Obama will name CIA director Leon Panetta as his new defence secretary, reshuffling his security team at a pivotal moment for US military strategy.
Mr Panetta, 72, will replace Robert Gates, who retires as Pentagon chief on June 30, and Mr Obama plans to recall talismanic General David Petraeus from Afghanistan, who will end a decorated military career to lead the CIA.
In another key move, Ryan Crocker, one of America’s most tested diplomats, after tours in Pakistan and Iraq, will become ambassador to Kabul, charged with managing sometimes dysfunctional relations with President Hamid Karzai.
The overhaul comes at a pivotal moment in US foreign policy and will help shape Mr Obama’s approach to the unpopular war in Afghanistan, the NATO-led conflict launched last month in Libya and turmoil sweeping the Middle East.
Gen Petraeus, who commands NATO’s Afghan war operations and masterminded the successful Iraq troop surge strategy, will be replaced by Lieutenant General John Allen, deputy head of US Central Command, officials said.
A senior US official said Mr Obama had selected the “strongest possible team” of deeply experienced operators, all of whom face the task of handing security control to Afghans to eventually extricate America from Afghanistan.
Mr Panetta, who will be the oldest man to take up the post of defence secretary and the first Democrat for more than a decade, may be one of the few men in Washington with the credentials and political weight to succeed Mr Gates.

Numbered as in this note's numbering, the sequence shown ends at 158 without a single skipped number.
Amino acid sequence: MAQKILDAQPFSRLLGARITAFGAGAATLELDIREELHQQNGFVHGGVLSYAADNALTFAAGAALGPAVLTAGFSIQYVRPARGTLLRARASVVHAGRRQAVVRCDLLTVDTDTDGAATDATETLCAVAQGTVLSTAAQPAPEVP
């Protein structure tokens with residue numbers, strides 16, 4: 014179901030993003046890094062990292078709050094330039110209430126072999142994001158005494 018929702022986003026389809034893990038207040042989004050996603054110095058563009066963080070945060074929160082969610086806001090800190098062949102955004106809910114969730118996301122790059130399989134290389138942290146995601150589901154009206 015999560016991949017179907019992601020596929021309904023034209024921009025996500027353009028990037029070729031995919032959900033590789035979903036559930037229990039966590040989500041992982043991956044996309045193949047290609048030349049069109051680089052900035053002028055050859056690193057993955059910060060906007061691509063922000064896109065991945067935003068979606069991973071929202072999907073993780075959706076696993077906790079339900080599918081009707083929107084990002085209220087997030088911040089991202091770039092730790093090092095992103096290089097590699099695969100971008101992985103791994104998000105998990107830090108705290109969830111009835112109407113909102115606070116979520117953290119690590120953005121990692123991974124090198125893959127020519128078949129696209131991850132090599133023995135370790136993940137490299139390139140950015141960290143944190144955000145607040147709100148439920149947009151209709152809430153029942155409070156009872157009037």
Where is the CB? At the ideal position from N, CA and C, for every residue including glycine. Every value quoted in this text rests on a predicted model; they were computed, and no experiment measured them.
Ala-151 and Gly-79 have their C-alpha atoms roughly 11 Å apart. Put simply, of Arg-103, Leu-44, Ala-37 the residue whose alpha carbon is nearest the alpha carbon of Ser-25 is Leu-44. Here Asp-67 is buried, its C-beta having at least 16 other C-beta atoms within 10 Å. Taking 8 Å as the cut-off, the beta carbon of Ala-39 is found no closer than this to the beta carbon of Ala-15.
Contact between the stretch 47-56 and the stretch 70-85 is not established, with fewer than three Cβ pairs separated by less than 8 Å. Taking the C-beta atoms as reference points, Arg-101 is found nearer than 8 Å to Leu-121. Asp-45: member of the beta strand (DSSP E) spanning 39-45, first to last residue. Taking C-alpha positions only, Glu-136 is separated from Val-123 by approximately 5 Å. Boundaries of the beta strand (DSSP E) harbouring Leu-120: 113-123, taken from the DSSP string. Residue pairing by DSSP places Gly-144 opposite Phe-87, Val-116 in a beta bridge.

A holdover from the Republican administration of George W. Bush who emerged as a critical player in Mr Obama’s team, Mr Gates forged a strong alliance with Secretary of State Hillary Clinton and was respected across political divides.
Mr Panetta, a former White House chief of staff and California congressman, will need all his organisational wiles to implement Mr Obama’s demand for $400 billion in budget cuts as he seeks to trim the huge US deficit.
All of Mr Obama’s appointees, to be formally unveiled at the White House, require Senate confirmation, seen largely as a formality. The immediate reaction to Mr Obama’s moves on Capitol Hill was warm.
“This team will provide the leadership to help make our nation safer,” said Senator Lindsey Graham, an influential Republican on national security matters.
Senior administration officials dismissed suggestions the appointment of a top military officer would revive Washington turf battles between military and espionage professionals over strategy and the use of intelligence.
Apart from the top defence job, a number of crucial national security posts are coming open in the next several months, including the military’s top officer, Admiral Mike Mullen, who finishes his term in September.
As for Gen Petraeus, some former CIA officials and analysts have touted the general as a perfect fit for the spy agency, citing his work with intelligence operatives battling Al-Qaeda in Iraq, Afghanistan, Yemen and elsewhere, as well as his experience in Washington’s policy debates. Agencies